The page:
Measures backed by Sen. Tina Smith, D-Minn., to address the negative mental and physical health effects — and the economic consequences — of social isolation among seniors were signed into law by President Donald Trump this week.
Added as part of the Older Americans Act reauthorization, these provisions also included efforts to strengthen grants for tribal organizations to provide home and community-based services, .
According to a news release, the legislation signed into law includes provisions from Smith’s Older Americans Social Isolation and Loneliness Prevention Act, and from Smith’s bipartisan Strengthening Services for Native Elders Act with Sen. Lisa Murkowski, R-Alaska.
In a news release, Friday, March 27, Smith stated COVID-19 isolation and social distancing could take a serious toll on Americans’ mental health. Already, prior to the pandemic, a study found that 8 million older Americans experience social isolation, and nearly half of older adults feel isolated, alone, or left out. Socially isolated seniors face a 29% increased risk of mortality. And when it comes to federal Medicare spending, it’s $134 more per person per month for every socially isolated older adult. This is compared to Medicare spending on chronic conditions.
“During this pandemic, too many people — including many older Americans — are feeling lonely, worried and disconnected,” Smith stated in the release. “Seniors need to be connected to their communities in order to thrive. I’m pleased that my provisions to address social isolation and loneliness among seniors are now law. This will help states pursue projects that attack this problem and I’m also glad that my measures to help tribes provide home and community-based services are now law. Tribal elders in Minnesota and across the country should be able to age with dignity in their own homes while still maintaining access to quality health care.”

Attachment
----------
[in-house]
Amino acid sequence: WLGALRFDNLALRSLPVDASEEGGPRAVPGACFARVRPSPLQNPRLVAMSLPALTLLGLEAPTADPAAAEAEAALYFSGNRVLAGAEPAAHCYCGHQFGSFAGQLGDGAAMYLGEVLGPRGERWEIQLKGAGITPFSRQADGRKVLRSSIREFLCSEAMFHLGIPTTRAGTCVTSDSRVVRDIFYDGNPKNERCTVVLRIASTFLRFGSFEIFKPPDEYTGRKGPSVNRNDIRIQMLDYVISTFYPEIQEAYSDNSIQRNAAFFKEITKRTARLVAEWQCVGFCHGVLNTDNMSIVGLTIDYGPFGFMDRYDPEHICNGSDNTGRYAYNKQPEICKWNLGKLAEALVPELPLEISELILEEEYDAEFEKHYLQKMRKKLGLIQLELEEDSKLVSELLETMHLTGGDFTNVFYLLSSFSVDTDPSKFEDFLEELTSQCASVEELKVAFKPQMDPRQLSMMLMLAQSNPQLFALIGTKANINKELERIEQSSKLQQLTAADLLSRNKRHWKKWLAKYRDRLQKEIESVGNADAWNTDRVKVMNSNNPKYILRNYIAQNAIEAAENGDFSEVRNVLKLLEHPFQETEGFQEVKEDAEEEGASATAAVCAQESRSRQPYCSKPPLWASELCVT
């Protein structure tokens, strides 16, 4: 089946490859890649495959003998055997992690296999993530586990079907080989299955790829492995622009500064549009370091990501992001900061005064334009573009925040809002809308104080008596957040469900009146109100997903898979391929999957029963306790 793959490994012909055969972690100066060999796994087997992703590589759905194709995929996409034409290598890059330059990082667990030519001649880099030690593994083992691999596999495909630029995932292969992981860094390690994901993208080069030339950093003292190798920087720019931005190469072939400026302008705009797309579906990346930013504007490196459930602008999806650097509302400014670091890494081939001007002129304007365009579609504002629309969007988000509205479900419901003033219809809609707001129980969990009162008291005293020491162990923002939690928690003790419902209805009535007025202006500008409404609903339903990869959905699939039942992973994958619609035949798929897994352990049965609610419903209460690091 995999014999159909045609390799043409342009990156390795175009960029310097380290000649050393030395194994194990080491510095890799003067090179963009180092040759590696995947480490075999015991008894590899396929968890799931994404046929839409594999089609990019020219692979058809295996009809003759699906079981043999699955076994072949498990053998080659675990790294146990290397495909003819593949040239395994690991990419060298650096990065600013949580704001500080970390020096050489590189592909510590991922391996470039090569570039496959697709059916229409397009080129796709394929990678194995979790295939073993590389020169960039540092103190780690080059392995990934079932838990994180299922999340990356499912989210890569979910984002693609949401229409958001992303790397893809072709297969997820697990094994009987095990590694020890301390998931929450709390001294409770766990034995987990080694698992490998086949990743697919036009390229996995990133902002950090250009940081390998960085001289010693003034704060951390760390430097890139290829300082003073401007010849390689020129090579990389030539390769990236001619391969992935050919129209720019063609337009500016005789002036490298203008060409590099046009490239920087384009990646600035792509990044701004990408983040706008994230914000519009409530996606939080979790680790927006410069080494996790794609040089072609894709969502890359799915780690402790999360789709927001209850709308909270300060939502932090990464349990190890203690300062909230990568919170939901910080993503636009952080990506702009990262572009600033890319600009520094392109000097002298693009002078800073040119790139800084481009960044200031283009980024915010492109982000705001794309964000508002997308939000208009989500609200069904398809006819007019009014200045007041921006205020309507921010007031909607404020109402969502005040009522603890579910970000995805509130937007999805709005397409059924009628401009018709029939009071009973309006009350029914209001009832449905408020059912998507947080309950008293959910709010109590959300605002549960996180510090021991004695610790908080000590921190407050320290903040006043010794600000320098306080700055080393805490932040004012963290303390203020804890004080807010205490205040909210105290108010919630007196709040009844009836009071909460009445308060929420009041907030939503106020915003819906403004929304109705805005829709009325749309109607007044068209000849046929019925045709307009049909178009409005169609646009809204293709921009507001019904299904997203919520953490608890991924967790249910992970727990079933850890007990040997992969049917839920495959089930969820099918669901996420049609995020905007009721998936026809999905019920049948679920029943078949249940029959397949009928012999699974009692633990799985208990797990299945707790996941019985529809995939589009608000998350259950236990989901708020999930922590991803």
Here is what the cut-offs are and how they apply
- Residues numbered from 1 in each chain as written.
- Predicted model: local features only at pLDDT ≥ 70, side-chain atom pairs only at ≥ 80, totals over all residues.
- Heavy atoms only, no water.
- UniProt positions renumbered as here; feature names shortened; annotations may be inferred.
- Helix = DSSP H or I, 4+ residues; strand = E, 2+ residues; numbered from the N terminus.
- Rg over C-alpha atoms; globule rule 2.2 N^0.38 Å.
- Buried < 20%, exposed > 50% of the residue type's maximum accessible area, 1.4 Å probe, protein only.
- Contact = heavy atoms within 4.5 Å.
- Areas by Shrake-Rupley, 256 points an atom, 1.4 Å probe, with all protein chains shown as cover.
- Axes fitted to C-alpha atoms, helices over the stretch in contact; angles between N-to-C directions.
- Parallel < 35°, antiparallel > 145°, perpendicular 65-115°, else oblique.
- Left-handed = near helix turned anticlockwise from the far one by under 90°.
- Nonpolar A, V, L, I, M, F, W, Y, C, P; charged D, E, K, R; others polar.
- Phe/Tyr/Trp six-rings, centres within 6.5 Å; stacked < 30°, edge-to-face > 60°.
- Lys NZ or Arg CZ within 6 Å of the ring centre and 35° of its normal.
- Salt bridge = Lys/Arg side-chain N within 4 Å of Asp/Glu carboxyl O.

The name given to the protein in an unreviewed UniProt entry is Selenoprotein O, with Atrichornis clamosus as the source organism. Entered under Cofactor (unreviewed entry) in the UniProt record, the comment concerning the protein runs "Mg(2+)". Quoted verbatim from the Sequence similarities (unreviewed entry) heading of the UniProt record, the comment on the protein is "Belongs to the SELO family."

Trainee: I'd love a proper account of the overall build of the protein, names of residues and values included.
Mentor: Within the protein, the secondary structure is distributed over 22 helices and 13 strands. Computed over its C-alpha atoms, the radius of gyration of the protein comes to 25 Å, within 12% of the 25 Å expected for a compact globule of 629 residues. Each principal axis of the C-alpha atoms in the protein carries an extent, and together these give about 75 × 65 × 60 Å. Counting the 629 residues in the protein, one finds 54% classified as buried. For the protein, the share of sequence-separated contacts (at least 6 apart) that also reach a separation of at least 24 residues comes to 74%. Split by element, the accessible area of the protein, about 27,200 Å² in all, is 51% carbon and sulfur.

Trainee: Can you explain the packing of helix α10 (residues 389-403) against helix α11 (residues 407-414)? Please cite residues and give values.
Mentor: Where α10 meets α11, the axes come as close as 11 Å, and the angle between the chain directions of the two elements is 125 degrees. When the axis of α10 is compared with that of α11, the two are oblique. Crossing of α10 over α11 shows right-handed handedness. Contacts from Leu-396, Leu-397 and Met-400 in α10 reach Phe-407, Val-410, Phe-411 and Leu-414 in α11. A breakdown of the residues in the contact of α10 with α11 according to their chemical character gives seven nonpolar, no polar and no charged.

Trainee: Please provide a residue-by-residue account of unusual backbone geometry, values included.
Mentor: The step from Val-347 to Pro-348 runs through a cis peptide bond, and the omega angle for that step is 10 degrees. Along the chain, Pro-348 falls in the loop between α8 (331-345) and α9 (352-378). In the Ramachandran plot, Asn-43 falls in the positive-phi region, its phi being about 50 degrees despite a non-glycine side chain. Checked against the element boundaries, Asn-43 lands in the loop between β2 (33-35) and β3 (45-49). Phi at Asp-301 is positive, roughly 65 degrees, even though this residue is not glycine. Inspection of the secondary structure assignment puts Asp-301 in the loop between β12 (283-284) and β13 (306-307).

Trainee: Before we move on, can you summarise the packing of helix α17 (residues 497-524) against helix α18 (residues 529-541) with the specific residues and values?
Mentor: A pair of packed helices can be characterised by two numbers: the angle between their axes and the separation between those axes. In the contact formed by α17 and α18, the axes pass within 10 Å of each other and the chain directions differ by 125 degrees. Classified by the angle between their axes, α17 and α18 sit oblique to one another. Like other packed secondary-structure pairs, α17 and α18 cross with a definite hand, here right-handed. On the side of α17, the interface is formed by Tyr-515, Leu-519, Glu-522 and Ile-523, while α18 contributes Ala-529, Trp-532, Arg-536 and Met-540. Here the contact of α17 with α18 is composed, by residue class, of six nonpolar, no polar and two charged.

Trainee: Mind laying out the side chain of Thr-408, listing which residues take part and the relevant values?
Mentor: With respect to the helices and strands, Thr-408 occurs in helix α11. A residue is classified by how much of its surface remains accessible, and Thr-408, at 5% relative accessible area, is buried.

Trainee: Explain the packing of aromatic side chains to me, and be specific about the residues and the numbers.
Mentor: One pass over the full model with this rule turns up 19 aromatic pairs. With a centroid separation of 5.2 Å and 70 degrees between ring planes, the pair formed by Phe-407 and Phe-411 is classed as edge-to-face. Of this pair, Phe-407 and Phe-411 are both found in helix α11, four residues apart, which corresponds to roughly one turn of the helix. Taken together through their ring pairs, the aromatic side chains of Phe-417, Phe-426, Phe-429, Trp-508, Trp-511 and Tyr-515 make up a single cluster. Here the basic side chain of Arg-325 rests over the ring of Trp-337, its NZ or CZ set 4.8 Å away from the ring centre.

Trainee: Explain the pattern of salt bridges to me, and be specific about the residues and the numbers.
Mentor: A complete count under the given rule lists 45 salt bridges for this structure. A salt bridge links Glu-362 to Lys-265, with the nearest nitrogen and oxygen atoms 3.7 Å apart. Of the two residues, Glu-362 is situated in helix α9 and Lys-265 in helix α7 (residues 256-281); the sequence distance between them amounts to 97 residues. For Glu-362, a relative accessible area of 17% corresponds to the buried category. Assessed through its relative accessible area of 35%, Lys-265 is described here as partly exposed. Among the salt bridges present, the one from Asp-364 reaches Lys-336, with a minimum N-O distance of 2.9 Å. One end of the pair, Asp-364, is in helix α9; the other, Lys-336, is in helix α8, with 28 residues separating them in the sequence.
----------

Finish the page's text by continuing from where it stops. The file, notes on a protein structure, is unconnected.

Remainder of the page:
According to the release, Smith’s Older Americans Social Isolation and Loneliness Prevention Act revised the Older Americans Act so that there are supports and services in place to allow states to better coordinate to address social isolation and loneliness among older Americans. The Older Americans Social Isolation and Loneliness Prevention Act supports screening for the prevention of social isolation and loneliness and coordination of supportive services and health care to address social isolation and loneliness; increases the focus of the Assistant Secretary for Aging on social isolation and loneliness through long-term planning and convening an interagency working group with aging network stakeholders on this topic; and allows states to pursue grant funding for projects that address social isolation and loneliness among older individuals.
According to the release, the Strengthening Services for Native Elders Act will help Tribal organizations provide a wider range of home and community-based health services to American Indian and Alaska Native elders, including transportation, case management, and health and wellness programs. Right now there are more than 26 million AIAN adults over age 65 living in the United States and too many are facing significant health disparities. These elders are more likely to confront mortality at a younger age, and have higher mortality rates due to alcoholism, diabetes and suicide than the general population. These elders are also more likely to live in poverty and lack access to health care.
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